Saturday, January 02, 2010

Reader's Diary #559- Brian Selznick: The Invention of Hugo Cabret

I don't like to throw words like wonderful, amazing and marvelous around lightly.

Brian Selznick's The Invention of Hugo Cabret is wonderful. Winner of the Caldecott Medal in 2008, I wasn't sufficiently impressed at that point. I was almost guaranteed there'd be decent illustrations, but as it's an award for illustrations, I've learned that that doesn't always mean I'd like the book as a whole; sometimes the stories accompanying those Caldecott winners have been read duds. I've always felt that the relationship between text and illustrations needs more consideration.

The relationship between text and illustrations (and photographs) in Selznick's The Invention of Hugo Cabret is amazing. It's not that one simply enhances the other, it's that one is vital to the other. At 511 pages, it has gotten credit for being the first novel to win the Caldecott. But is it a novel? According to Selznick himself, "not exactly a novel, not quite a picture book, not really a graphic novel, or a flip book or a movie, but a combination of all these things." It's true, and it's that inventive approach to writing that makes this book so wildly exciting. It's a marvelous homage to imagination and wonder and, and, and... clearly I get giddy when talking about books this great.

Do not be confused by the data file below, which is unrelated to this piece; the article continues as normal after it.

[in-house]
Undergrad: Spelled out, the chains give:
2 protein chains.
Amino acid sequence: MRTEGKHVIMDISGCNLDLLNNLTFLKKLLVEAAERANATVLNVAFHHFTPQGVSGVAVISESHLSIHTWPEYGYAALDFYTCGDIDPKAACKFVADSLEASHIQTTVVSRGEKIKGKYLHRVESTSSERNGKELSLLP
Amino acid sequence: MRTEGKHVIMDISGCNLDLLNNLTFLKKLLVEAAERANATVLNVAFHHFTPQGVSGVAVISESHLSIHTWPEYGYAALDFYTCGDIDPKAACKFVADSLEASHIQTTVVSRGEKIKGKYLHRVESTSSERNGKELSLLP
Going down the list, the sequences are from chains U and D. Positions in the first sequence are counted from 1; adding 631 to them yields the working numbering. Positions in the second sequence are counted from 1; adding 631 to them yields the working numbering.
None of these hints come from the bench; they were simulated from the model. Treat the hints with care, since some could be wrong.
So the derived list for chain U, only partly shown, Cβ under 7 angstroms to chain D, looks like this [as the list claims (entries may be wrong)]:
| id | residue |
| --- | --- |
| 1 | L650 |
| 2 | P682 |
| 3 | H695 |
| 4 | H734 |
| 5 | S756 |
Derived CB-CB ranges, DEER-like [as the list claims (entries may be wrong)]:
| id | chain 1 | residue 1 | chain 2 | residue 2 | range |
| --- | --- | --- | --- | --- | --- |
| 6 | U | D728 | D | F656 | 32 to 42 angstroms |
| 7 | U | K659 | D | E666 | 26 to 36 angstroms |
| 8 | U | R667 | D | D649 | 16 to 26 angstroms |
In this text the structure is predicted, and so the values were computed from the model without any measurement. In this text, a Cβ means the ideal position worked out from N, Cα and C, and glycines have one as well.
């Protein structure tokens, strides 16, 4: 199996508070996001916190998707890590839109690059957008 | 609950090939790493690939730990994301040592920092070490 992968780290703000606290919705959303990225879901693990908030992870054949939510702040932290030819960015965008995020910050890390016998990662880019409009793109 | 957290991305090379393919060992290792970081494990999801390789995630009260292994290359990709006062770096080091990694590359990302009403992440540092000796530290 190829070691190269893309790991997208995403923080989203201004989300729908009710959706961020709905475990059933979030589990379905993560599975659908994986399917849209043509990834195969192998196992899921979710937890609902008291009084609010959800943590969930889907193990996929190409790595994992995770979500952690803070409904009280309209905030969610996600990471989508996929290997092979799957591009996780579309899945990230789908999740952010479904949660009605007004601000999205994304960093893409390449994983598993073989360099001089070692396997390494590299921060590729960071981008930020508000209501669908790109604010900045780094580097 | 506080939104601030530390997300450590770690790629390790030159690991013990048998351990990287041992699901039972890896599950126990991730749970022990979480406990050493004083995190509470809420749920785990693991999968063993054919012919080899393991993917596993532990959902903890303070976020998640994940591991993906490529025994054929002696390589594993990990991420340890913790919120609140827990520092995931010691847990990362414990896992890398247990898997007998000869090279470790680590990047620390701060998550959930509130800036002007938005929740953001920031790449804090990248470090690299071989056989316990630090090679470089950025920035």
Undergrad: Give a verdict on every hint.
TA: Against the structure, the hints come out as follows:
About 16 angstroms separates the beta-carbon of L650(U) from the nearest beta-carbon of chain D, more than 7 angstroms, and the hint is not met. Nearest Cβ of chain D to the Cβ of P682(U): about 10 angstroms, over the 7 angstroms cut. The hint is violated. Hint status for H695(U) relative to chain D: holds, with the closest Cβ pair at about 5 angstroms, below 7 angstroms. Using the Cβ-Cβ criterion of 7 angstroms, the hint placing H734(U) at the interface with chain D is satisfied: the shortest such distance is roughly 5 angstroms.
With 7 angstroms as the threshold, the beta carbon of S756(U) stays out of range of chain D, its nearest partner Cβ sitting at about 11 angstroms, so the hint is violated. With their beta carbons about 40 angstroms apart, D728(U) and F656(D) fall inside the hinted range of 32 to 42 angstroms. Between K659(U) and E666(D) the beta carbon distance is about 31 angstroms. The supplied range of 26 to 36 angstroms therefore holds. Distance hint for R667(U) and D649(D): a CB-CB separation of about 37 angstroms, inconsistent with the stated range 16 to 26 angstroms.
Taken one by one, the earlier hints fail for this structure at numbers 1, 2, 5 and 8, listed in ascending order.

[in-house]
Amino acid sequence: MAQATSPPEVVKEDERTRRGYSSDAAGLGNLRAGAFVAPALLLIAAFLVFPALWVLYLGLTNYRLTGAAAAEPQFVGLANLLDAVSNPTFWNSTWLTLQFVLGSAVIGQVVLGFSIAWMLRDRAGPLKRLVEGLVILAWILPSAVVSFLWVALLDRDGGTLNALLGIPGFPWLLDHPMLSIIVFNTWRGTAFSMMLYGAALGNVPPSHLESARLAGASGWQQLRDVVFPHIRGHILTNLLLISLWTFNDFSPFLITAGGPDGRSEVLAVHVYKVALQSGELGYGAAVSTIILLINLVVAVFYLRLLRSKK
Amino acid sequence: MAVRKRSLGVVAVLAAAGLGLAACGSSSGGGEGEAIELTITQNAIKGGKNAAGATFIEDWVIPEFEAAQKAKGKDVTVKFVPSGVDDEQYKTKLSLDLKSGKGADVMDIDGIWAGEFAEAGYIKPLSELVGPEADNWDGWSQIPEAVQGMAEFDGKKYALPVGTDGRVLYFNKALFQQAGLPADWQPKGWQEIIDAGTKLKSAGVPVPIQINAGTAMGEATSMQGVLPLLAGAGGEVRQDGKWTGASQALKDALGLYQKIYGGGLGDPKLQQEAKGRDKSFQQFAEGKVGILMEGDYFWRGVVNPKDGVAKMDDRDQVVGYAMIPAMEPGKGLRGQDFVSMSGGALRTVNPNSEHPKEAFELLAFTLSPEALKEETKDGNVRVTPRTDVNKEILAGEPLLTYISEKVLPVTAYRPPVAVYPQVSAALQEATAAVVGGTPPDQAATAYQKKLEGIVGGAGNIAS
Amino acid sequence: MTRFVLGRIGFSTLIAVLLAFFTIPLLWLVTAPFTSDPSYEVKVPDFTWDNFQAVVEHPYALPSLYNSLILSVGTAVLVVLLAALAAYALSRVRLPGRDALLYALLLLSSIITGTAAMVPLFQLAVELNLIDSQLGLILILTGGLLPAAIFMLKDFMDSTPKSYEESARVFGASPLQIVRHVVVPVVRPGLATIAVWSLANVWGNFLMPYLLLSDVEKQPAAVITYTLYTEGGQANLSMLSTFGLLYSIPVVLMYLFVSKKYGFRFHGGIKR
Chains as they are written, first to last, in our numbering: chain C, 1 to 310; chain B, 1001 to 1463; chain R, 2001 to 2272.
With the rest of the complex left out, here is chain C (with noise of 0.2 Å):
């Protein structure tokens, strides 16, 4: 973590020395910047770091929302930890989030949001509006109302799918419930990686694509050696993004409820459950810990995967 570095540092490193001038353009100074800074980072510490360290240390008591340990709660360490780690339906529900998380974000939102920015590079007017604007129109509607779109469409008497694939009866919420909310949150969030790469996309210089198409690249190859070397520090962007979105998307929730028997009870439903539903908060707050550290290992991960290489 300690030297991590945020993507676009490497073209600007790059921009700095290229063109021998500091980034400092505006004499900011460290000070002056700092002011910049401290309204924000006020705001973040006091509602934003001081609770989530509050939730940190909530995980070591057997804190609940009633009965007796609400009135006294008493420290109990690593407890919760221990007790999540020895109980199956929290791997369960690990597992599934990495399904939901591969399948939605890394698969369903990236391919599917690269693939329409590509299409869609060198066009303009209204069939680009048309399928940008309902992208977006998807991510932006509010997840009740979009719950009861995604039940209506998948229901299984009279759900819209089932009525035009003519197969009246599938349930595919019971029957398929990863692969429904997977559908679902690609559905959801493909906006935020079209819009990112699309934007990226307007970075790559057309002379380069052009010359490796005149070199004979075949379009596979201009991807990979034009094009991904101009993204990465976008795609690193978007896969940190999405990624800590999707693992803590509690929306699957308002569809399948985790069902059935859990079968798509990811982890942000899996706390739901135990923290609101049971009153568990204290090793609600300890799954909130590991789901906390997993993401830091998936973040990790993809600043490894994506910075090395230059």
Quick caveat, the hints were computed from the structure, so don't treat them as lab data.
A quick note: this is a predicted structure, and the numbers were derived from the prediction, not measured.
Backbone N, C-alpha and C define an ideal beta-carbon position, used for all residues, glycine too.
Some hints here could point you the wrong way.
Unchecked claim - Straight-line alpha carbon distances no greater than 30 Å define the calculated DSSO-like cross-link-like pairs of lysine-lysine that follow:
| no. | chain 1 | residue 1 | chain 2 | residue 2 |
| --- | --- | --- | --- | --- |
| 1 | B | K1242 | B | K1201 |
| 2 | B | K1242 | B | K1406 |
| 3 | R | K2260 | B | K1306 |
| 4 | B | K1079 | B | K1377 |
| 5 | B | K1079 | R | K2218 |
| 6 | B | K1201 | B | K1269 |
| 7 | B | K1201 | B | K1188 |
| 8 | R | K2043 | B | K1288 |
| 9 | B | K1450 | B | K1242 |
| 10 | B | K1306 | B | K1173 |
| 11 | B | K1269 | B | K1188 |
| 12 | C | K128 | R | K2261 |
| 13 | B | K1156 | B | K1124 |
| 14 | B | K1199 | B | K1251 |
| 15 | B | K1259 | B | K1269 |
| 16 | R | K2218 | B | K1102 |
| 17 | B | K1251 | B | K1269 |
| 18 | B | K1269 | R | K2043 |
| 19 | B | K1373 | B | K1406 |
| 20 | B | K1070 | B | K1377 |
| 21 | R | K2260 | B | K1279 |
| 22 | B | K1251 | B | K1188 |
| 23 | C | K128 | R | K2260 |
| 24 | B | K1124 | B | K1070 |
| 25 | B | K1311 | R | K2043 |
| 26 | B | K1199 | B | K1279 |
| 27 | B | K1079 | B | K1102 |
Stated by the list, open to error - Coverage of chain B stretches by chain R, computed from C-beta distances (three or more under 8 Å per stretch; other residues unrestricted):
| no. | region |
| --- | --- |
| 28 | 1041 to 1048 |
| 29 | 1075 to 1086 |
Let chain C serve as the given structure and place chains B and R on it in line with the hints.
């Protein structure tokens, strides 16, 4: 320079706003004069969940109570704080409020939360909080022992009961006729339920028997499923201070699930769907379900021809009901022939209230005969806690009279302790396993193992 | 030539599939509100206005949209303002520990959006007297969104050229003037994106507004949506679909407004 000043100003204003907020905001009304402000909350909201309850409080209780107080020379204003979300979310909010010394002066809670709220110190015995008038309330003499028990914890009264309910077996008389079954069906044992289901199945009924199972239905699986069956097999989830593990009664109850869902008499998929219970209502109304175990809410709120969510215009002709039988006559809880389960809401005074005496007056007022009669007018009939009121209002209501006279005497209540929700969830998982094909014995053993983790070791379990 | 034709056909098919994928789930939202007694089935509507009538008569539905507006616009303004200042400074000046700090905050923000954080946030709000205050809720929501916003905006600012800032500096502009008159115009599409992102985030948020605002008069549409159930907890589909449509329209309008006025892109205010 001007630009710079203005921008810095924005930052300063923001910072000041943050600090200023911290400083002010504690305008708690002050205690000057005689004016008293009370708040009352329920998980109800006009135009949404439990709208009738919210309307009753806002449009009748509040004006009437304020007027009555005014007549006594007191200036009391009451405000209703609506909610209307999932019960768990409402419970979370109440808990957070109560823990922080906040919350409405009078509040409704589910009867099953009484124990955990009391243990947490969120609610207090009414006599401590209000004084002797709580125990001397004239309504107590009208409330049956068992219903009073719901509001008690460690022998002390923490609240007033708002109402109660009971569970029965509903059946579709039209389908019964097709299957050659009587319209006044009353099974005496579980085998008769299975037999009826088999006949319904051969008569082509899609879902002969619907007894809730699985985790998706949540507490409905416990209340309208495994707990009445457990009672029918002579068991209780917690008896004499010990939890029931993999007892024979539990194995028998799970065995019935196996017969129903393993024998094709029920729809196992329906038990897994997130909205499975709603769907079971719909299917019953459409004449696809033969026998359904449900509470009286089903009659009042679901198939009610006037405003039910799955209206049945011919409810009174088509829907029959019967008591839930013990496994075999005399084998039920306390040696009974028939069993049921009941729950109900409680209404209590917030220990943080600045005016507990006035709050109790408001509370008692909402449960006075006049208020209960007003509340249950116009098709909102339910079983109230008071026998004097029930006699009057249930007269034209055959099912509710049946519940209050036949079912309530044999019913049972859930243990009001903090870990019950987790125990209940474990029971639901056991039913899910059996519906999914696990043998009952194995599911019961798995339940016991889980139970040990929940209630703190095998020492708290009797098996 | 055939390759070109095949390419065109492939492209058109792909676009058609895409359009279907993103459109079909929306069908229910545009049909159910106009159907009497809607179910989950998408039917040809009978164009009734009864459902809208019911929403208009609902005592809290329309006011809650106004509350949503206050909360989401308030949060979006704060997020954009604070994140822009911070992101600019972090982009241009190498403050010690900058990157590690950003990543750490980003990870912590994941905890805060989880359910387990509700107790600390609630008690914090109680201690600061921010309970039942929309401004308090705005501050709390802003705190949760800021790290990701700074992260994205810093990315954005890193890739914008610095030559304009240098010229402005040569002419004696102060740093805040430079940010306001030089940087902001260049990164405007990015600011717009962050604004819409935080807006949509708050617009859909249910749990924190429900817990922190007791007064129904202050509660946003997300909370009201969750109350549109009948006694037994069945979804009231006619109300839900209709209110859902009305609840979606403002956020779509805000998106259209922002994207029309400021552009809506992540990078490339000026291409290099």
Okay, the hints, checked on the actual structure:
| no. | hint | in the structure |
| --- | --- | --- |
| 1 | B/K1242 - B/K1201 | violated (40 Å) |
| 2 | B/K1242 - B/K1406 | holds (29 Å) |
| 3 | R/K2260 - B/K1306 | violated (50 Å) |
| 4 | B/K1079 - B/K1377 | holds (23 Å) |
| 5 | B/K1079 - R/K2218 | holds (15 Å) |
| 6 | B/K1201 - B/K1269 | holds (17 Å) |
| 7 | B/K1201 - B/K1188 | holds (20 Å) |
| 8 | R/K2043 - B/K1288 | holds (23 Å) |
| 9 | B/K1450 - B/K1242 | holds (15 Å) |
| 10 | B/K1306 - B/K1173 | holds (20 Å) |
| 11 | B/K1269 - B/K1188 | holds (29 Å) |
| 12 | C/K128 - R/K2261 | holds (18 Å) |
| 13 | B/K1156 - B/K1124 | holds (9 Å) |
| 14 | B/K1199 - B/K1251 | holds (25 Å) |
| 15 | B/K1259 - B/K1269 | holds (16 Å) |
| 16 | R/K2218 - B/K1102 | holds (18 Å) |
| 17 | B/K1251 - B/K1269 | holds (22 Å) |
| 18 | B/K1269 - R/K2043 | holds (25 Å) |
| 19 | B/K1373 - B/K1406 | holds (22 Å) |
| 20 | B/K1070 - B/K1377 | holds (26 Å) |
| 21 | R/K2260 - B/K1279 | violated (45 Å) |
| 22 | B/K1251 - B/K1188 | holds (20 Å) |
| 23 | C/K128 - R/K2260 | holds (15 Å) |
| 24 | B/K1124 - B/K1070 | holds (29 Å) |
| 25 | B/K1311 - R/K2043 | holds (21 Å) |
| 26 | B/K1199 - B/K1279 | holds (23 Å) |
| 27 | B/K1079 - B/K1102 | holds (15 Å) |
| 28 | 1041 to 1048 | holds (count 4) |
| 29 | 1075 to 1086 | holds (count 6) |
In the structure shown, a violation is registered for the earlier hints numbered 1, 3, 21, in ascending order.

Set in 1930s Paris, it is the tale of Hugo Cabret a twelve year old boy who lives and works at a train station. Hugo's life isn't easy but the hope of repairing a mysterious automaton (mechanical man) first discovered by Hugo's now deceased father keeps him going. But it's so much more than that. It's about time, clocks, magic and machinery. It's also a mystery and a tribute to the imaginative and innovative French director Georges Melies whose silent films of the turn of the century astounded audiences.

Even the production of the book itself is a treat. With its black framed pages, black and white movie stills, and sketches it captures the time brilliantly. Do modern readers need vibrantly coloured illustrations to hold their attention? My kids and I finished the book in two afternoons. Even if you don't have kids, you need to read this book.

A masterpiece.

5 comments:

raidergirl3 said...

Exactly.
It was like no other reading experience, and I want him to write another book.
So glad you all enjoyed it.

John Mutford said...

Raidergirl's review here.

Nicola said...

I felt the same way when I read it. It's like a whole new type of book that no one has a name for yet. I'm also hoping he writes another one.

Nan said...

I adored this book, and wrote about it:

http://lettersfromahillfarm.blogspot.com/2009/08/invention-of-hugo-cabret-by-brian.html

(sorry, I haven't figured out the 'here' way of linking yet. someone tried to explain it but I didn't get it.)

John Mutford said...

Nan: Thanks.

Nicola's review here.